Duke American Grand Strategy will host a conversation with former national security adviser John Bolton at 5:30 p.m. on Feb. 17 in Page Auditorium.
Bolton served as the national security adviser to President Donald Trump until September 2019, when he resigned. Trump asserted that he had asked Bolton to resign, while Bolton claimed that Trump never asked him to step down, and it was his own decision. Prior to his role in the Trump administration, Bolton served as the interim U.S. Ambassador to the United Nations under George W. Bush.
Bolton has long advocated regime change in countries including Iran, Venezuela and North Korea. He also opposed the Iran nuclear deal, claiming on Twitter that Iran never fully complied with the deal.
Bolton wrote in a statement Jan. 6 that he would testify during the Senate impeachment trial if subpoenaed. For that to occur, a majority of senators would need to vote in favor of the subpoena.
Recently, Bolton has tweeted national security-related posts, such as congratulating those involved in killing Qasem Soleimani and commending Taiwan for another “free and fair election.”
Peter Feaver, director of the Duke program in American Grand Strategy and professor of political science and public policy, said he’s glad AGS can host Bolton while he’s so present in the news. That hasn’t always been the case—it took about six years to woo former Secretary of State Madeleine Albright and bring her to campus in February 2019.
“It really is wonderful to get somebody when they’re at their maximum public profile, so with Ambassador Bolton, we’re very fortunate that I didn’t have to pursue him for many, many, many years,” Feaver said.
Feaver, who will host the conversation, plans to ask Bolton about his personal experiences and opinions regarding Iran and North Korea. He also plans to discuss Russia and China’s return to power, as well as the political crisis in Venezuela.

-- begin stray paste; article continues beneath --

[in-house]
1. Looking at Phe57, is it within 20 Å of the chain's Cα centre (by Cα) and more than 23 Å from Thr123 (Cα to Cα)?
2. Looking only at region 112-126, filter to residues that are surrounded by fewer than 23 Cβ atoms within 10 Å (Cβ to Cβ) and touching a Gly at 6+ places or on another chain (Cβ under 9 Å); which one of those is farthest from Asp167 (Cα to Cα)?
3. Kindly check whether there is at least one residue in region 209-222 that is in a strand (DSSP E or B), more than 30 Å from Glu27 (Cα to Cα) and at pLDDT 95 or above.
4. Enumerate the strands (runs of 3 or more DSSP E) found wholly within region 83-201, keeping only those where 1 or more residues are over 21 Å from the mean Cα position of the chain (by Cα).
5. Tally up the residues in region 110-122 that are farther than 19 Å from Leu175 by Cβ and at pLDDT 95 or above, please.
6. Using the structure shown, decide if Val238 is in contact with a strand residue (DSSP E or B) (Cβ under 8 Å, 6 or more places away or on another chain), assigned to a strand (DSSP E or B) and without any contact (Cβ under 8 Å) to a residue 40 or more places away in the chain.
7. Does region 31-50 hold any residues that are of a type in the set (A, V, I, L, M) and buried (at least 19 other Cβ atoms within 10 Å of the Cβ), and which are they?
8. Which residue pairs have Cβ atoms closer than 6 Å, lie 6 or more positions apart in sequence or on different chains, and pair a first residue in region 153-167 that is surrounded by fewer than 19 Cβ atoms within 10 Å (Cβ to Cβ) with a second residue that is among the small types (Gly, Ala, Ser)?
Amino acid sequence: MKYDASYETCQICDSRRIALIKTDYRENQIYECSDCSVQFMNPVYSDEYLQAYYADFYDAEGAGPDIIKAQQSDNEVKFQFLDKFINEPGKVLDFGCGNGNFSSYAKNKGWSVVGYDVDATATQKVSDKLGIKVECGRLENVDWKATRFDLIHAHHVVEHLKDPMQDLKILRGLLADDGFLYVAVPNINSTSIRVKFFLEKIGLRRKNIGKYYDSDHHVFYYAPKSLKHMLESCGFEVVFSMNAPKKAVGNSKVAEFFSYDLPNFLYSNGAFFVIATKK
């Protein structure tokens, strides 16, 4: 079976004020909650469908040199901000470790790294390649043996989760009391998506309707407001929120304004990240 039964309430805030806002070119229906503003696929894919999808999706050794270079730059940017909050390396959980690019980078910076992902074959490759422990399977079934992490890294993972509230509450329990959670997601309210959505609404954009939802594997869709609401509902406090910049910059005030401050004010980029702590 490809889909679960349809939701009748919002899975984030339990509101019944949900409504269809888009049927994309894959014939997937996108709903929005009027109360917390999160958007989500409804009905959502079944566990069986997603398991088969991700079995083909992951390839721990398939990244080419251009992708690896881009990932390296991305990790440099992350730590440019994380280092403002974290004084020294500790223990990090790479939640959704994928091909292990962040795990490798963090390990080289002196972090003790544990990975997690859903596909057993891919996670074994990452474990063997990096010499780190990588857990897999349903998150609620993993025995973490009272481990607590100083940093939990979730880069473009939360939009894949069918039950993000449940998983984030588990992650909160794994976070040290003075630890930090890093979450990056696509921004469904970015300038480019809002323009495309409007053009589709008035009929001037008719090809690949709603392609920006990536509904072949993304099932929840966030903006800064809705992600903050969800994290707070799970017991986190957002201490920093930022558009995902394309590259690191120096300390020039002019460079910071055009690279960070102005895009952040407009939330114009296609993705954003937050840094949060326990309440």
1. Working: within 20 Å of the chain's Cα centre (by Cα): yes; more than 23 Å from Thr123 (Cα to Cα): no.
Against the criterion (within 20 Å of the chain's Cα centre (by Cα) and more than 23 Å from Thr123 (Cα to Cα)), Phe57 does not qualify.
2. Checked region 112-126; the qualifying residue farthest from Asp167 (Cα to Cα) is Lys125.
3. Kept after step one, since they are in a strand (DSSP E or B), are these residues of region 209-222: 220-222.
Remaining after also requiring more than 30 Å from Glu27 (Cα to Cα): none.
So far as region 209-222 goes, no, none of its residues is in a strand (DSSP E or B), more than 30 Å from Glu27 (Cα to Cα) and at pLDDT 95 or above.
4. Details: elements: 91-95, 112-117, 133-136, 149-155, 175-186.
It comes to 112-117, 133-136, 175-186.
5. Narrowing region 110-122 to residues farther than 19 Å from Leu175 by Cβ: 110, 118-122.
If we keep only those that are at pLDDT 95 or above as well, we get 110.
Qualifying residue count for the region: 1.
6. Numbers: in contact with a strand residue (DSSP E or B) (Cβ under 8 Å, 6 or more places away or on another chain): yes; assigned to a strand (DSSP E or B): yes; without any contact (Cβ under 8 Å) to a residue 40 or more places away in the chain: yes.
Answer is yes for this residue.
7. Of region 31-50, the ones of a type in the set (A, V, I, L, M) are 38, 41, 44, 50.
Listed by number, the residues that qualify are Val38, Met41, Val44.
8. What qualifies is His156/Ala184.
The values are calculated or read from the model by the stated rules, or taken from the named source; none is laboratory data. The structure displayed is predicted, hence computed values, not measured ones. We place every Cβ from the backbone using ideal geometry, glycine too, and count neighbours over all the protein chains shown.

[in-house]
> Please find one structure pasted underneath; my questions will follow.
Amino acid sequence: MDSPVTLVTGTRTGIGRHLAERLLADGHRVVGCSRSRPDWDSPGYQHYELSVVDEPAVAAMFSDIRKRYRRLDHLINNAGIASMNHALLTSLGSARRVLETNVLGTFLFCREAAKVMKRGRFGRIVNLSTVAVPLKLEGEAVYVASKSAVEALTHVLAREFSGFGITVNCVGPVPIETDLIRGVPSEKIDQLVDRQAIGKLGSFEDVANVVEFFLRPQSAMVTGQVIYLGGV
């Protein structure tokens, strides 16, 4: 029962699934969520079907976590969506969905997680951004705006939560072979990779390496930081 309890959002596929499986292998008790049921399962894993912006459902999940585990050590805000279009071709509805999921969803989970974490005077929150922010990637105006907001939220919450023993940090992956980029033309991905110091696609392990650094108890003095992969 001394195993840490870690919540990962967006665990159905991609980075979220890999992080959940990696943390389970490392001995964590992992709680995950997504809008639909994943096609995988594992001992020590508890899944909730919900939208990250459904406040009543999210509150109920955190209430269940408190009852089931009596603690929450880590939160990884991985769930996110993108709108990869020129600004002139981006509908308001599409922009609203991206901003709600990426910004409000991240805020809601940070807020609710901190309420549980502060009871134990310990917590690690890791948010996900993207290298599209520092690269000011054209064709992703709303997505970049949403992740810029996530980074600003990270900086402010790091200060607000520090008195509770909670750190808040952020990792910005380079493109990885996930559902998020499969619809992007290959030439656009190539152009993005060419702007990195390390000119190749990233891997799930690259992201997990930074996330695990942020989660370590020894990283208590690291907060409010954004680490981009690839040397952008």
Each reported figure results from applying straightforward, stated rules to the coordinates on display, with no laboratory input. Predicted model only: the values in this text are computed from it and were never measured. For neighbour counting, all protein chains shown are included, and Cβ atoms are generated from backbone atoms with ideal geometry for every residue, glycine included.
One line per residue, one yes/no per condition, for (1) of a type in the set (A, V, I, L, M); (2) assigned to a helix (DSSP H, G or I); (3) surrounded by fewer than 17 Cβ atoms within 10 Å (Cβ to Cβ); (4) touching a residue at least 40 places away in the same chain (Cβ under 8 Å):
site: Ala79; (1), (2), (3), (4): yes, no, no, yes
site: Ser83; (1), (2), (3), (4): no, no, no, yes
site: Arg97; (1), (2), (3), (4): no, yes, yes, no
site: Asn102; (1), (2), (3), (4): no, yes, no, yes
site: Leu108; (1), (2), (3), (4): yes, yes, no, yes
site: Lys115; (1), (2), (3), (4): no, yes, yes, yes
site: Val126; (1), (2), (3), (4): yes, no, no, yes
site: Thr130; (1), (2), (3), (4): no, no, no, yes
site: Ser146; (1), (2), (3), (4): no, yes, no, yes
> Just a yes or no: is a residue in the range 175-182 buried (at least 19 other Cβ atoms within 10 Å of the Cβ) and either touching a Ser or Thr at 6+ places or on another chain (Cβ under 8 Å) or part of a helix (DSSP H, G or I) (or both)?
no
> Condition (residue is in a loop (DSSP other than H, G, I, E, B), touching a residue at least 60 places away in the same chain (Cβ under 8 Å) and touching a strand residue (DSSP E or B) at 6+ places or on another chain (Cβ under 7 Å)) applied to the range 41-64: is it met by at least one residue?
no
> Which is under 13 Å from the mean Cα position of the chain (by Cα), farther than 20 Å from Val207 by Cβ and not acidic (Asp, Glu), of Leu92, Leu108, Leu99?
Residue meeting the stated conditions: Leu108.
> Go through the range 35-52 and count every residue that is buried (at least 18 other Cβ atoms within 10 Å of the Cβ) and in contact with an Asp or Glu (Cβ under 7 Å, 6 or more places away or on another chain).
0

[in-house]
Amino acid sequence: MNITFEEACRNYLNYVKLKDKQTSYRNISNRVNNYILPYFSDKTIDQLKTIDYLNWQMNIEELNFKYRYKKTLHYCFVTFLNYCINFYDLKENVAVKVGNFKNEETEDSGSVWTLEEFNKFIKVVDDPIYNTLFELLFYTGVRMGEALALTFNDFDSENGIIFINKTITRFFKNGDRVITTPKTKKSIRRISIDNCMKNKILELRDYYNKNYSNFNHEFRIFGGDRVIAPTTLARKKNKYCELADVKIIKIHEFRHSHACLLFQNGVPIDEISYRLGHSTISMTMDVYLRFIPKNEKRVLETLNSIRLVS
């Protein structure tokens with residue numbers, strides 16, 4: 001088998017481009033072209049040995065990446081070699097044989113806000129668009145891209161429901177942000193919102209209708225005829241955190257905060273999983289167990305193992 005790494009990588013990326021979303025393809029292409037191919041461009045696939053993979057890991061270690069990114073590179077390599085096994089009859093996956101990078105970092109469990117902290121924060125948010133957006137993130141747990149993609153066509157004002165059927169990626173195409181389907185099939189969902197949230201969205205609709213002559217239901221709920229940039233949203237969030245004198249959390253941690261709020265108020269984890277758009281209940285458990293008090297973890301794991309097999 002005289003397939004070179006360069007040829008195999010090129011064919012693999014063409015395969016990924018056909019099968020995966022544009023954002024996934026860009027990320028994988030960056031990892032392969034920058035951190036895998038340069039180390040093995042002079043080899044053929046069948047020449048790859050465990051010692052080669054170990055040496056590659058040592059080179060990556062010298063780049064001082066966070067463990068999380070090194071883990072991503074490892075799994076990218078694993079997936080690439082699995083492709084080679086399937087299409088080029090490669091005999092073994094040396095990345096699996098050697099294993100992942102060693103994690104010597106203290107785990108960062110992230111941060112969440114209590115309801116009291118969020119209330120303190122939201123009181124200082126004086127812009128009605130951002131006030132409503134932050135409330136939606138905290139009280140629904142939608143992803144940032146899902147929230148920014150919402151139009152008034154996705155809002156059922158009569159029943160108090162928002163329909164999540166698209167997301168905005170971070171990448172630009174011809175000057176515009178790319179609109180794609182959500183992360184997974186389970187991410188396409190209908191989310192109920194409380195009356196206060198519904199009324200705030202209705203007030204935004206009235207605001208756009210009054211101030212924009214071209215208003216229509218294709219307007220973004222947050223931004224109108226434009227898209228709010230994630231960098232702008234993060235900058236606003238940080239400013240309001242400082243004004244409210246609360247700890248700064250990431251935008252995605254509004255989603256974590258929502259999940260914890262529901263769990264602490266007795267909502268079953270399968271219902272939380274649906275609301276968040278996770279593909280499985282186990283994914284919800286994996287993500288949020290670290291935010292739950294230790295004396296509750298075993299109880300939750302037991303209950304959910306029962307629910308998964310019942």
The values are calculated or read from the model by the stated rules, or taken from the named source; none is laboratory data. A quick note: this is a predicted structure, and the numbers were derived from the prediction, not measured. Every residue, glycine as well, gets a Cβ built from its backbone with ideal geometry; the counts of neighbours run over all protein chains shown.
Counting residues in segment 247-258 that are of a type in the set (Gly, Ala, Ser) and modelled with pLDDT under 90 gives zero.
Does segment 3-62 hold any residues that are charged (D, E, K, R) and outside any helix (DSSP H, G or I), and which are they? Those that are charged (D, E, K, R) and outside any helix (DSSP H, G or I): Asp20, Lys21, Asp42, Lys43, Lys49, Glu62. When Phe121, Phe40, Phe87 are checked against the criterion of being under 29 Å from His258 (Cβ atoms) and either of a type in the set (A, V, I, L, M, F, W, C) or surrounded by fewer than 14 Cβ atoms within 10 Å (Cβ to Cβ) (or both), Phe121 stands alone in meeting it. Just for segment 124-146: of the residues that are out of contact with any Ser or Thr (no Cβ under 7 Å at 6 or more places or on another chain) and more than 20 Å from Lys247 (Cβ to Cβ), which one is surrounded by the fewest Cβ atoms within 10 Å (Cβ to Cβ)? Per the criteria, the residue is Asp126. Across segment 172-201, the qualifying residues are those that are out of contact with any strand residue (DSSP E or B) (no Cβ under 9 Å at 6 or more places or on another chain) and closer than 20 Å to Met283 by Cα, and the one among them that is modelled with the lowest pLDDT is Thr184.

“It’s always interesting to hear from those who have been in the room while Trump makes decisions,” Feaver said.
With every speaker sponsored by AGS, Feaver hopes the audience can develop a greater understanding of their decisions and reasoning than they could gather from short sound bites from other interviews.
“Inviting him to speak is not endorsing his positions on every policy matter,” Feaver said. “On the contrary, it’s bringing to future leaders—and I would say the Duke student body is disproportionately future leaders—bringing to their attention the kinds of people who are very influential today.”
Feaver pointed out that Bolton will be a “nice complement” to Samantha Power, another former U.S. Ambassador to the United Nations who AGS brought to speak in December 2019. Even though they hold different opinions, Feaver said they’re both thoughtful and have well-defined worldviews.
The talk will be part of the Ambassador Dave and Kay Phillips Family International Lecture Series, which aims to bring high-profile figures in international security, foreign policy and diplomacy to speak at Duke. Tickets will be free and available starting at 11 a.m. on Feb. 5, online and at the Duke Box Office, for the Duke community. They will become available to the general public on Feb. 7.
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